Last year, Hashimoto Keiichi won the 7th Dan Tournament with his sharp strikes from his clean Kamae, knocking out one strong player after another. We asked Hashimoto about his awareness of Kamae and how It’s connected to striking.
Hashimoto Keiichi, Kyoshi 7th Dan
Born in Saitama Prefecture in 1980. After graduating from Tōyō University. Keihoku High School and going on to Teikyo University, he joined Ida Technos Co. Major achievements include winning the All Japan Invitational 7th Dan Tournament, participating in the All Japan Championship, winning the National Sports Tournament, winning the All Japan Inter Prefectural Championship, and second place in the All Japan Business Championship.
From Kendo that relies on speed to Kendo that uses the opponent
This year too, I participated in the 7th Dan Tournament. Last year I was able to fight with a challenger mentality, which I felt led to the victory, so I went into the match with the same mentality this year. The result was the best 8 and I very much enjoy being on that stage.
The 16 players are quite close to each other in terms of their view of Kendo and their skill level, so they can show their true strength in this competition. I feel that this tournament is the best way to express the Kendo that I am aiming for now.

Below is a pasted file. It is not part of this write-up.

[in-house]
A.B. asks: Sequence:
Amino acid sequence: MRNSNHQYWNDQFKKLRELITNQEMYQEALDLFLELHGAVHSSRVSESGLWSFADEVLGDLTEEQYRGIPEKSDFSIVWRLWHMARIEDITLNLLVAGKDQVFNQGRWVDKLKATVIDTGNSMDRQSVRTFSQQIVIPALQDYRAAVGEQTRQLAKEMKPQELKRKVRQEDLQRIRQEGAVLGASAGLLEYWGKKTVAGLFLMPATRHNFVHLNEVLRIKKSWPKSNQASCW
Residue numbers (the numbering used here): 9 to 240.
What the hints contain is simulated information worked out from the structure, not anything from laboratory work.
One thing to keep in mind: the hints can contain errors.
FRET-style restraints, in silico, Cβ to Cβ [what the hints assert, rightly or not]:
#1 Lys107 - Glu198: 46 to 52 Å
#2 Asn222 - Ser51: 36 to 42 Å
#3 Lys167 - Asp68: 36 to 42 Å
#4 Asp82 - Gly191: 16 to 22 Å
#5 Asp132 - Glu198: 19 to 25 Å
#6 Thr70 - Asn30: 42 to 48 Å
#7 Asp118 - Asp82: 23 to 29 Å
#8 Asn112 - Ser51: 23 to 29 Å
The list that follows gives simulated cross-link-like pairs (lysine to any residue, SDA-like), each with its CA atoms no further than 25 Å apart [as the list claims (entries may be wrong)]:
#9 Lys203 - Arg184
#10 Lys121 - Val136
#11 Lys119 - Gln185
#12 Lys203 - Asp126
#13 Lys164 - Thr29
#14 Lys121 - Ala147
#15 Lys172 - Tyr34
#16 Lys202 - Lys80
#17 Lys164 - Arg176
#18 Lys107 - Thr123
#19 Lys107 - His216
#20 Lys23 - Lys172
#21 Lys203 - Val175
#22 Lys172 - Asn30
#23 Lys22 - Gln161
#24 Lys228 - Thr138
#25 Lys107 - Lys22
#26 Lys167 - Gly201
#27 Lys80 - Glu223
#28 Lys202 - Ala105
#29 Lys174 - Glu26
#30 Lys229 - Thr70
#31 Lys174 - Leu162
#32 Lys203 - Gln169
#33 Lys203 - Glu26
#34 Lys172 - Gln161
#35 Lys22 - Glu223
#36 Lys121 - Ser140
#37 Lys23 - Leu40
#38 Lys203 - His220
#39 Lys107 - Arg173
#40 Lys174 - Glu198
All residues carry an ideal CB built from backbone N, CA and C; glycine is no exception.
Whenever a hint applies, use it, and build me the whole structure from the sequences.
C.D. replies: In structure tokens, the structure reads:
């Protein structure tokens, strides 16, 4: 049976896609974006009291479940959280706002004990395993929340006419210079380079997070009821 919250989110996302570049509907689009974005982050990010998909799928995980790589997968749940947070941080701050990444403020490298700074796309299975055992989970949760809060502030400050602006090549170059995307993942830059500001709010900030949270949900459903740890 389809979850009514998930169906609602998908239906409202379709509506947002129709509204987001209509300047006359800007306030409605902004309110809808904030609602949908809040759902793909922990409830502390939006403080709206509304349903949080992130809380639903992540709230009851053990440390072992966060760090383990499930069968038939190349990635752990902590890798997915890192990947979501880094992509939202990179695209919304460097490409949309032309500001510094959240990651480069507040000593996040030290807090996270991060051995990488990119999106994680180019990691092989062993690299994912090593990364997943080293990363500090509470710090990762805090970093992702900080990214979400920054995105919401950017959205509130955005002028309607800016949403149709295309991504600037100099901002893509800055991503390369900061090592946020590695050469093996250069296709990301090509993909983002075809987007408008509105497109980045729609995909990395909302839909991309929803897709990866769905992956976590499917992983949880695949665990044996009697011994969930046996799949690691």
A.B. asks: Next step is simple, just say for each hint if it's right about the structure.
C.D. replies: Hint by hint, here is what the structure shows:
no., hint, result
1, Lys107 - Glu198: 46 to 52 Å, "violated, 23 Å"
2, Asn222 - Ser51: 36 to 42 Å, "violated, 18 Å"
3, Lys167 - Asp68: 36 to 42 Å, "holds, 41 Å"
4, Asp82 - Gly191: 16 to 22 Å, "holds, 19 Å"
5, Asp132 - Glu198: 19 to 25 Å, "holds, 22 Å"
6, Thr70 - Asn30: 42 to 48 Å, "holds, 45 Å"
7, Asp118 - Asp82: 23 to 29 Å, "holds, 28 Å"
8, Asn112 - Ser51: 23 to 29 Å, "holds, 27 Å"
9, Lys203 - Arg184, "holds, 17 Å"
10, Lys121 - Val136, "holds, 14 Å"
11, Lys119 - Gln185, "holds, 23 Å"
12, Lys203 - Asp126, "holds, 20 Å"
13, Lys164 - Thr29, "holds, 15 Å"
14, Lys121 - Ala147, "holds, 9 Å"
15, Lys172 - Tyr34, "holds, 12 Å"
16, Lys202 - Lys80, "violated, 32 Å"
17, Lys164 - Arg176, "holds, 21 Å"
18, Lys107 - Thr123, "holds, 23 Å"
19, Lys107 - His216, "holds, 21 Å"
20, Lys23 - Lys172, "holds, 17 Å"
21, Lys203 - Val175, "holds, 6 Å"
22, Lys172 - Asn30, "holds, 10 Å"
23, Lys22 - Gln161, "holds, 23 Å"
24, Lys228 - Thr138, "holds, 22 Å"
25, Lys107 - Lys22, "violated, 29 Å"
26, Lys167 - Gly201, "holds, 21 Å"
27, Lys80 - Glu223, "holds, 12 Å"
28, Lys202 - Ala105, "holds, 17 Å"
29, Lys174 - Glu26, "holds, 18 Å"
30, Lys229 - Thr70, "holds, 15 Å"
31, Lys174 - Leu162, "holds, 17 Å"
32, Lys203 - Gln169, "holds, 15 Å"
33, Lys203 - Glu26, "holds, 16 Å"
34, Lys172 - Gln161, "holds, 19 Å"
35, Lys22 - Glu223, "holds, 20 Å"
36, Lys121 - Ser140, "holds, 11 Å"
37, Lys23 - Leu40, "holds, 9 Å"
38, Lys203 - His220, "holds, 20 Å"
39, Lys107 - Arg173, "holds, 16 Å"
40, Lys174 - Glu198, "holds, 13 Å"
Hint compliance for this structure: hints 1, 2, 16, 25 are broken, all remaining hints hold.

I think this is related to the theme of this article, which is Kamae. I have a feeling that since I turned 35 years old, the Kendo I am aiming for and the way Kendo should be have become aligned. It started with Endo Masaaki Sensei, a former Chief Kendo Director of the Metropolitan Police Department (Hanshi 8-dan).
When I was doing Keiko at Tokorozawa Shōbukai, which Endo Sensei presided over, I attended a social gathering afterwards. He suddenly told me: “Hashimoto, you shouldn’t fight against middle and high school students with speed. Kendo is about using your opponent.”
Thinking back of my Keiko at that time, I was indeed fighting student with speed. Endo Sensei didn’t say anything more but his words stuck with me and I kept trying to break them down and make them my own.
What I realized a few months later is the importance of baiting my opponent. Up until then, if it was difficult to get my opponent’s hands to react, I would try to create an opening by making many moves.
However, because I was too aggressive my opponents would immediately turn to defense, and there was no chance to strike. But after Endo Sensei’s words I became more conscious of inviting my opponent and I could somehow sense my opponent’s initiations.
To put it plainly, I was able to aim for Debana scenarios which was a very big realization for me.
How to take Kamae to perform optimal techniques
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